The functions of nuclear membrane proteins and A-type lamin filaments, linked to a growing number of signaling pathways, human diseases (`laminopathies') and human aging, are an important open frontier in biology. We propose to focus on emerin, a conserved lamin-binding nuclear membrane LEM-domain protein, and its conserved essential histone-binding chromatin partner Barrier-to-Autointegration Factor (BAF). Loss of emerin in human males causes X-linked recessive Emery-Dreifuss muscular dystrophy (EDMD). However, emerin is expressed in nearly all tissues, suggesting wider roles in cell physiology. Our recent purification and characterization of six distinct emerin-containing complexes from HeLa cell nuclei support the hypothesis that emerin `scaffolds'a variety of multi-protein complexes at the nuclear envelope, with functions that include signaling, chromatin silencing, gene regulation and nuclear architecture. Interestingly, emerin interacts with the DNA damage-response kinase, DNA-PK, in vivo, and emerin-downregulated HeLa cells have reduced response to DNA damage, as assayed by the formation of phosphorylated-H2AX foci. Our previous studies of BAF, the shared partner for emerin and all other LEM-domain nuclear proteins, demonstrated essential and broad-ranging roles in chromatin structure, mitotic chromosome segregation, nuclear assembly and gene regulation in specific tissues including muscle. Our supporting results show that BAF interacts with nucleosomes, influences several different histone posttranslational modifications in vivo, and associates in vivo with at least two histone-modifying proteins including poly(ADP-ribose) polymerase 1 (PARP1) and Cul4 of the Cul4-DDB-ROC E3 ligase complex. Both PARP1 and the Cul4-DDB- ROC complex modify nucleosomal histones in response to DNA damage. These findings implicate BAF as a regulator of muscle gene expression (and therefore relevant to the EDMD disease mechanism), and suggest broad physiological roles for BAF and emerin during cellular responses to DNA damage.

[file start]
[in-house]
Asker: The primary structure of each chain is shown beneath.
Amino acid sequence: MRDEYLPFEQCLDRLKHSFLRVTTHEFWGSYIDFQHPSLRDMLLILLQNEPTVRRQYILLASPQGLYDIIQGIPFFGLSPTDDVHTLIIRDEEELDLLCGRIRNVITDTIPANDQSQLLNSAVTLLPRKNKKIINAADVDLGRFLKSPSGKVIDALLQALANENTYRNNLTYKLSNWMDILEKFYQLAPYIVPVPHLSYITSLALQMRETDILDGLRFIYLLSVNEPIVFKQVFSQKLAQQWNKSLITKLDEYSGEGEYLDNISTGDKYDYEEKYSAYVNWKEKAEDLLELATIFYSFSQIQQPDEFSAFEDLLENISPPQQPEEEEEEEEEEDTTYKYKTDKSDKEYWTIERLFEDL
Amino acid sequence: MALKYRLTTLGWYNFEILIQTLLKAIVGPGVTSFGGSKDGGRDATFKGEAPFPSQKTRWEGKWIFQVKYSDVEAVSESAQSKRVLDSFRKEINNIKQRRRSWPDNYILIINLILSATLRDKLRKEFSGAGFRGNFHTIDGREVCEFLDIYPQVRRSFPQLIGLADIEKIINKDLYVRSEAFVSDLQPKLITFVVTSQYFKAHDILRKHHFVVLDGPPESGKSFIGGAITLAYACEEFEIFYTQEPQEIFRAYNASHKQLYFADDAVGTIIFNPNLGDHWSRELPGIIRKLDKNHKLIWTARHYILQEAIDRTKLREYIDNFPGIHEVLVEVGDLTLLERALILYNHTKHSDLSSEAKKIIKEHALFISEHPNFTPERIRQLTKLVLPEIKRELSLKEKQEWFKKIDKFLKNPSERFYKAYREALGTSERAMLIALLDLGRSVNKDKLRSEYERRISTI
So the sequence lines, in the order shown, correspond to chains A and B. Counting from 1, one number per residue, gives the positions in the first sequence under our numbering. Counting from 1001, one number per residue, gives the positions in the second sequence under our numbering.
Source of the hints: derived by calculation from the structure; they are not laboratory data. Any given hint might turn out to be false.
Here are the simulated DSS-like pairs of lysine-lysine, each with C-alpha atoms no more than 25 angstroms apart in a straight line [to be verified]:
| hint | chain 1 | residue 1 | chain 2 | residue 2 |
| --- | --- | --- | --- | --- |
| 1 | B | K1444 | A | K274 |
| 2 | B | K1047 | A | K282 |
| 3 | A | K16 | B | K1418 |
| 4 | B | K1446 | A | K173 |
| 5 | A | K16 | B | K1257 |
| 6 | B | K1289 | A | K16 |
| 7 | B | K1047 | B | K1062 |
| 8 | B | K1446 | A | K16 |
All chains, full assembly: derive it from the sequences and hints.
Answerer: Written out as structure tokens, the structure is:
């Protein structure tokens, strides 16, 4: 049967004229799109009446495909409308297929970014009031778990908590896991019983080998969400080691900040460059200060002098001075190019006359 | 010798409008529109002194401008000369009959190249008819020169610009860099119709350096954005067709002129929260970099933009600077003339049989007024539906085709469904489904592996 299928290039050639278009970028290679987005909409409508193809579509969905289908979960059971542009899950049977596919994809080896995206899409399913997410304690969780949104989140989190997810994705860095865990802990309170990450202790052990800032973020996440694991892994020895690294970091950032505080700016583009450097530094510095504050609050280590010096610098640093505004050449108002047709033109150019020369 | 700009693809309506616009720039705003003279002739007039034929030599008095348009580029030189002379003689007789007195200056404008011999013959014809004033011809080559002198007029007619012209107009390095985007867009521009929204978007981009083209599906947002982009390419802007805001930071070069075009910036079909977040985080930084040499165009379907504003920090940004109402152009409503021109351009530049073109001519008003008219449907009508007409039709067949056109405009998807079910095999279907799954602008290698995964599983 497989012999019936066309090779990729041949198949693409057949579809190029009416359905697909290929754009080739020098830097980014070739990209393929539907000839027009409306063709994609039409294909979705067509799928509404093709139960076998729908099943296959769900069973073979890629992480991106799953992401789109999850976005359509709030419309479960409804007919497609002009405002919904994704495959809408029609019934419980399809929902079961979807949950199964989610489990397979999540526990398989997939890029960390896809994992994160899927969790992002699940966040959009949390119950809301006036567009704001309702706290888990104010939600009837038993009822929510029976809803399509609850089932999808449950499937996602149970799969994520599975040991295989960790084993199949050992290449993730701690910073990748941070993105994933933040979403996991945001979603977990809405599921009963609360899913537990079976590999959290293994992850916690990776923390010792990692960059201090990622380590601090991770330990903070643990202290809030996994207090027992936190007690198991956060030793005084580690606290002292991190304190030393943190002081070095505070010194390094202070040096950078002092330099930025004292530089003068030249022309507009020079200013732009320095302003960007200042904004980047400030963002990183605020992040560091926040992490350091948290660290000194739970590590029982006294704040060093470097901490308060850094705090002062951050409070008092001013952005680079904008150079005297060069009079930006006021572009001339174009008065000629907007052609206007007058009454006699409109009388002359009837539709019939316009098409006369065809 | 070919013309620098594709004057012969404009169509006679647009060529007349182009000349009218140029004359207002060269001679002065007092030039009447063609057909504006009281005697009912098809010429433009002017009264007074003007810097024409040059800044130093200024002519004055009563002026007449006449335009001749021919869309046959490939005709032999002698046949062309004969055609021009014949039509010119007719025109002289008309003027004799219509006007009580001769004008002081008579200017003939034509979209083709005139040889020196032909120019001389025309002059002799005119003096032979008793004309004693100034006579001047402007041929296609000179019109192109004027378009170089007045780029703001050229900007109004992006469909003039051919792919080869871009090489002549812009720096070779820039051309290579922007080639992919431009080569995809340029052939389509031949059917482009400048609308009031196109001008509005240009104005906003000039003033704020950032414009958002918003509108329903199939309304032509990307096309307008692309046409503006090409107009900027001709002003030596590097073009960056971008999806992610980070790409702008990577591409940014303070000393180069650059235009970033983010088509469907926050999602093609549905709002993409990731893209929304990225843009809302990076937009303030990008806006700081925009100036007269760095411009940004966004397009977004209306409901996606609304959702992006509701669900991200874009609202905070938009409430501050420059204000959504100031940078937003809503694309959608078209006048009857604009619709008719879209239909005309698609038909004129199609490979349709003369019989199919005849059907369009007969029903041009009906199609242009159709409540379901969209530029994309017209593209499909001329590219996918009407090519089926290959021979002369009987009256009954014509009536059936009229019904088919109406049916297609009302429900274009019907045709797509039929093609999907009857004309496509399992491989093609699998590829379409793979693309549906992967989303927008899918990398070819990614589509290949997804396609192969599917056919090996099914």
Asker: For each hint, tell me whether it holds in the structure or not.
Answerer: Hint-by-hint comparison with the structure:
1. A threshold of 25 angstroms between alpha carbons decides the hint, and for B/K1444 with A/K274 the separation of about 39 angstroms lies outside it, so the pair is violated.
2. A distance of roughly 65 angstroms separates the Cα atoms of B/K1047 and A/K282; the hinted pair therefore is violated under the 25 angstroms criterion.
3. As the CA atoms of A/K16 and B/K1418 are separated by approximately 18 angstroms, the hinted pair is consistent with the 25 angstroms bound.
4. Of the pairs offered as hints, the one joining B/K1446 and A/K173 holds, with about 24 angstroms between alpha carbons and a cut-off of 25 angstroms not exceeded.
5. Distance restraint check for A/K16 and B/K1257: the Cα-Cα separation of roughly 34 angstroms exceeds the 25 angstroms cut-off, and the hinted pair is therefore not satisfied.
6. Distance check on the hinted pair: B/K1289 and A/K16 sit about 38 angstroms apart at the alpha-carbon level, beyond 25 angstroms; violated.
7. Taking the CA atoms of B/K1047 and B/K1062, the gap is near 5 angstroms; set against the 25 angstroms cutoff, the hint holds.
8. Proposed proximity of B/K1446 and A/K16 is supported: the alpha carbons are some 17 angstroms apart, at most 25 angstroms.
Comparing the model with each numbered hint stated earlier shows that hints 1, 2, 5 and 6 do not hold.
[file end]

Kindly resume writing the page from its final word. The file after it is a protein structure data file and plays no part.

Aim 1 will test the hypothesis that BAF compacts nucleosomes by characterizing the effects of BAF on mono-nucleosomes and reconstituted 12-mer nucleosome arrays, and by determining the effect of BAF on PARP1-mediated polynucleosome folding in vitro.
Aim 2 will characterize roles for emerin and BAF in DNA damage response pathways in cells downregulated for emerin or BAF.
Aim 3 is a whole-genome and promoter-specific analysis of BAF function in C. elegans, which is expected to identify genes relevant to its roles in muscle and DNA- damage responses.
The proposed work is relevant to understanding the molecular mechanisms of Emery- Dreifuss muscular dystrophy, a syndrome that affects three tissues including skeletal muscle, tendons and the cardiac conduction system. The proposed investigation of BAF's interactions with chromatin and histone-modifying enzymes are also relevant to understanding why BAF is essential for human immunodeficiency virus type 1 (HIV- 1) to integrate into human chromosomes. The proposed studies of emerin and BAF in cellular responses to DNA damage are relevant to cancer and human aging.
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